Yorgos Lanthimos creates films that are simultaneously breathtaking masterful and horrific to endure. His last film, The Killing of a Sacred Deer, successfully managed to emulate the experience of having a mild heart attack, due to its unrelenting tension. He returns to cinemas with a British costume drama, one that may be his most accessible work to date, in the form of The Favourite. But don't expect a gentle film. It is a bawdy, vile, wonderfully repulsive work, an unforgettable watch that this critic loved every second of.
The Favourite takes audiences into the court of Queen Anne. With
At the heart of The Favourite is a bracingly funny script (courtesy of Deborah Davis and Tony McNamara) devoured by a fabulous ensemble. There are wonderful turns from the likes of Mark Gatiss, James Smith and Nicholas Hoult, all clearly having fun. But the film saves the best for its central trio, who all turn in career best performances. It is fascinating to watch Rachel Weisz and Emma Stone connive and manipulate, controlling the tone of the scenes with their actions and reactions. You particularly appreciate just how expressive Stone is here, her face often telling its own story. But this film belongs to Olivia Colman as Queen Anne. Seemingly her entire career, straddling both comedy and drama, has built towards this role and she is staggeringly good in it, a petulant, scheming child. It is an ugly performance, yet able to foster sympathy in audiences for her, and if there is any justice Colman will hold aloft an Academy Award for Best Actress next February.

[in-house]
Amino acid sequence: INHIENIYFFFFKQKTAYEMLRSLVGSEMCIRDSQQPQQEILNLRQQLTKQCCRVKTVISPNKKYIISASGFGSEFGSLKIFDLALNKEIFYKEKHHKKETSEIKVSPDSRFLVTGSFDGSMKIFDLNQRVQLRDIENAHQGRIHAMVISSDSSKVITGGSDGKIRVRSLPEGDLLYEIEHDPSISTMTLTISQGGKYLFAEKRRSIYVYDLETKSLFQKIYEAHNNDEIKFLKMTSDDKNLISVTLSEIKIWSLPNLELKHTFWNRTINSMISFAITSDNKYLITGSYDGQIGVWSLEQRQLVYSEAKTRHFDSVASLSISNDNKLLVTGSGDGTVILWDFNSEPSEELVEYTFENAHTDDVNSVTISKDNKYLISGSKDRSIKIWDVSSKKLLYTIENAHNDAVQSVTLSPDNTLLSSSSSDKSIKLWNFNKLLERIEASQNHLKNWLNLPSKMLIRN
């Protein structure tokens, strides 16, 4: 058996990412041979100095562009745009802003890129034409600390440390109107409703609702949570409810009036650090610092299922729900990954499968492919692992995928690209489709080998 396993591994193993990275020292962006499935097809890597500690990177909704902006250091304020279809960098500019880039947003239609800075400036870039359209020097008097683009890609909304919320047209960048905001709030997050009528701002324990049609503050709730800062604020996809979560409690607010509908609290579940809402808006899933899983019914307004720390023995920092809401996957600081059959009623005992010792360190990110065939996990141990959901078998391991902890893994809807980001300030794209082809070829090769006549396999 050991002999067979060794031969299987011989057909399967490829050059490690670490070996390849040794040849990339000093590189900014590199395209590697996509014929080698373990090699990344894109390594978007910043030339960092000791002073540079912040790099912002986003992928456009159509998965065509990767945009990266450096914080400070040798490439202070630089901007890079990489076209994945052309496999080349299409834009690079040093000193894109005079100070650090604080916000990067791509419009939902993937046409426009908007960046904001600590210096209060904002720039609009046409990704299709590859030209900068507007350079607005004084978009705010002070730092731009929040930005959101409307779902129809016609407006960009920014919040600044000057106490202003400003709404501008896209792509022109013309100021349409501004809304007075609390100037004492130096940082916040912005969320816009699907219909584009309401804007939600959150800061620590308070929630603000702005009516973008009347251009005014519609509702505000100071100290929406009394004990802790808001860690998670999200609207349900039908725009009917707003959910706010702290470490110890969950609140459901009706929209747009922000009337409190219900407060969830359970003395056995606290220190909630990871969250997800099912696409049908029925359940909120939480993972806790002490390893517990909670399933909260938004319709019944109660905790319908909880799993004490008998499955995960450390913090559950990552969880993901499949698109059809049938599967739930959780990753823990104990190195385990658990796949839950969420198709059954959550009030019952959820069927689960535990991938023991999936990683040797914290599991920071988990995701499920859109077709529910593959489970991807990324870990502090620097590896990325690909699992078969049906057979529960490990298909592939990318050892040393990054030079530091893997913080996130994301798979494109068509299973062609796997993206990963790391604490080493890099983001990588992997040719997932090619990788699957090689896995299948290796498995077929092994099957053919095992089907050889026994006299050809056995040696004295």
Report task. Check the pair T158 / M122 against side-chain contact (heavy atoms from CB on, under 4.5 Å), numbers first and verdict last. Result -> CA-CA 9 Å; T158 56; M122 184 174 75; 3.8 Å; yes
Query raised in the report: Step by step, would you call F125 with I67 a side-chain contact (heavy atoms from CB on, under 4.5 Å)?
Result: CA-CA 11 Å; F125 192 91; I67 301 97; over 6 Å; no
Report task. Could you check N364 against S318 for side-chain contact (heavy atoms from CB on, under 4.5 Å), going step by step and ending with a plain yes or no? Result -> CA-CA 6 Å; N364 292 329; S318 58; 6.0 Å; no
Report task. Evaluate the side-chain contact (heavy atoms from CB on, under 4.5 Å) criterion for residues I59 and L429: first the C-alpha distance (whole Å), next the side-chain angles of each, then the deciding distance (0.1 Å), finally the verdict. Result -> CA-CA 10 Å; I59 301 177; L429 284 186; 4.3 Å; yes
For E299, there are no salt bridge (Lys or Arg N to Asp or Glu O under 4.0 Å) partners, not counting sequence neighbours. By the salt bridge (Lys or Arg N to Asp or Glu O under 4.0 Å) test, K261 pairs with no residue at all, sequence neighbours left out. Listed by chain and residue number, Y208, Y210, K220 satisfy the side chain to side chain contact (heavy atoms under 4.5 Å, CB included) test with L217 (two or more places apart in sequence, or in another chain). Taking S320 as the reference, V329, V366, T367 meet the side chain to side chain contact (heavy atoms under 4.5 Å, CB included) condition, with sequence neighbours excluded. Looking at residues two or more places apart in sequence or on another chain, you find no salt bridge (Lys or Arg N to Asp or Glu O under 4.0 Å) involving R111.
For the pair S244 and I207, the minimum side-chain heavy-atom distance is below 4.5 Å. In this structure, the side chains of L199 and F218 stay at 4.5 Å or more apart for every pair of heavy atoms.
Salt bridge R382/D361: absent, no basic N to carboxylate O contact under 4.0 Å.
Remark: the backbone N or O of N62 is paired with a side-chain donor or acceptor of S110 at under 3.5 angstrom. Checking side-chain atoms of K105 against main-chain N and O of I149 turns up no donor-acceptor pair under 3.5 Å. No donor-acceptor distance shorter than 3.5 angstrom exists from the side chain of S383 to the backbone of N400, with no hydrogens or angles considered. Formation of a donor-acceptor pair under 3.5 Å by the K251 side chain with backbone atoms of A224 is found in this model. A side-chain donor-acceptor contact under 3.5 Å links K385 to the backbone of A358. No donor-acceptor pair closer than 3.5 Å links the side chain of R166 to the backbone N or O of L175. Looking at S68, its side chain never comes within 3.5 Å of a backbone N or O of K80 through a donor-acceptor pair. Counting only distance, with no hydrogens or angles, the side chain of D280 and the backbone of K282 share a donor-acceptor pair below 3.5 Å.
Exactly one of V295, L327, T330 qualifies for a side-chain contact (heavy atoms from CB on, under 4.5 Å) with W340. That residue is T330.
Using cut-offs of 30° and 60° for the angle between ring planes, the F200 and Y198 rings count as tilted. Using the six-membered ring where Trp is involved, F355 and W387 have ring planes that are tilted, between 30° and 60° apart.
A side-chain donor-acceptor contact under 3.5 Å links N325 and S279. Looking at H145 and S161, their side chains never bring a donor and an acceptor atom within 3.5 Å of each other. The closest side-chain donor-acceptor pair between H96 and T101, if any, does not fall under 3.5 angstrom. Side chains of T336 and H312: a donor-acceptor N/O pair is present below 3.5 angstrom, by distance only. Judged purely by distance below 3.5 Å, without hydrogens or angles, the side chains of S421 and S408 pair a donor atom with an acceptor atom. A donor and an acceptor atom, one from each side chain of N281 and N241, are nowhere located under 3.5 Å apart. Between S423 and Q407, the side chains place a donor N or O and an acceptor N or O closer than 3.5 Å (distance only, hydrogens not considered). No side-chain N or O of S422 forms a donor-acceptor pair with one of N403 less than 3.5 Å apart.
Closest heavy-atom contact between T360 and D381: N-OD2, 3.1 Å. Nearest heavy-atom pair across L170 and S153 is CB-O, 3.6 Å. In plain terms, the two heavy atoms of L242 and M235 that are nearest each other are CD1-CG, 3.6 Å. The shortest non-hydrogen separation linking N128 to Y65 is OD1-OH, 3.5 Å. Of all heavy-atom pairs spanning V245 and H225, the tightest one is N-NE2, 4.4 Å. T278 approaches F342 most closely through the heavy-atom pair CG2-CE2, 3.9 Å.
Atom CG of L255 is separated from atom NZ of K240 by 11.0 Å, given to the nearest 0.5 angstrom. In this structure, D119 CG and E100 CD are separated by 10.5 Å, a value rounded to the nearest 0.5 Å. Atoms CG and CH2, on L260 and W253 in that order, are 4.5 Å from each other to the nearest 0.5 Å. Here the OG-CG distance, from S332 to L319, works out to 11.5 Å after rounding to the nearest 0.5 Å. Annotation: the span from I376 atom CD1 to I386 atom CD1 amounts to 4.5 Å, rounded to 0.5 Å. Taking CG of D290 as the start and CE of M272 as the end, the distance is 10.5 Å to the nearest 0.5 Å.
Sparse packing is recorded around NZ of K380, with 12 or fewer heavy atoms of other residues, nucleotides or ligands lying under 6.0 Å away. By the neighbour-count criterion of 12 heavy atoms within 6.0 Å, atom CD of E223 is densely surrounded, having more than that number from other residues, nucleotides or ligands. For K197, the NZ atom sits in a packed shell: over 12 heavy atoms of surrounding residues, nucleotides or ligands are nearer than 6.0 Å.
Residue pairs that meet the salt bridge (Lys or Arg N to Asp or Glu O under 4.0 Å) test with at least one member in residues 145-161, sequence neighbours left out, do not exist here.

Amongst the gowns, wigs and grand palaces, one can't help but feel there is a reflection here of modern politics. Where Lanthimos's last film felt like it was influenced heavily by Greek tragedy, this time his touching point feels like The Thick of It (swearing and all) and maybe even a little Blackadder. The repugnant characters are wonderfully shot by cinematographer Robbie Ryan, who disorientates with an expert use of a fish eye lens. And they are bedecked in some really quite fabulous attire, courtesy of costume designer Sandy Powell, who has considerable experience with costume dramas. Her craft here may very well lead her to her fourth Oscar win, and certainly a thirteenth nomination. It is the marriage of technical craft with the film's message of an ugly, out-of-touch elite that makes The Favourite even more potent.
The Favourite is a fabulous cinematic treat. A film that repulses and draws audiences in, it is anchored by a trio of performances from actors at the peak of their abilities. A wonderfully vile delight and a cinematic must see.
This is a London Film Festival preview and The Favourite will be released on the 1st January 2019.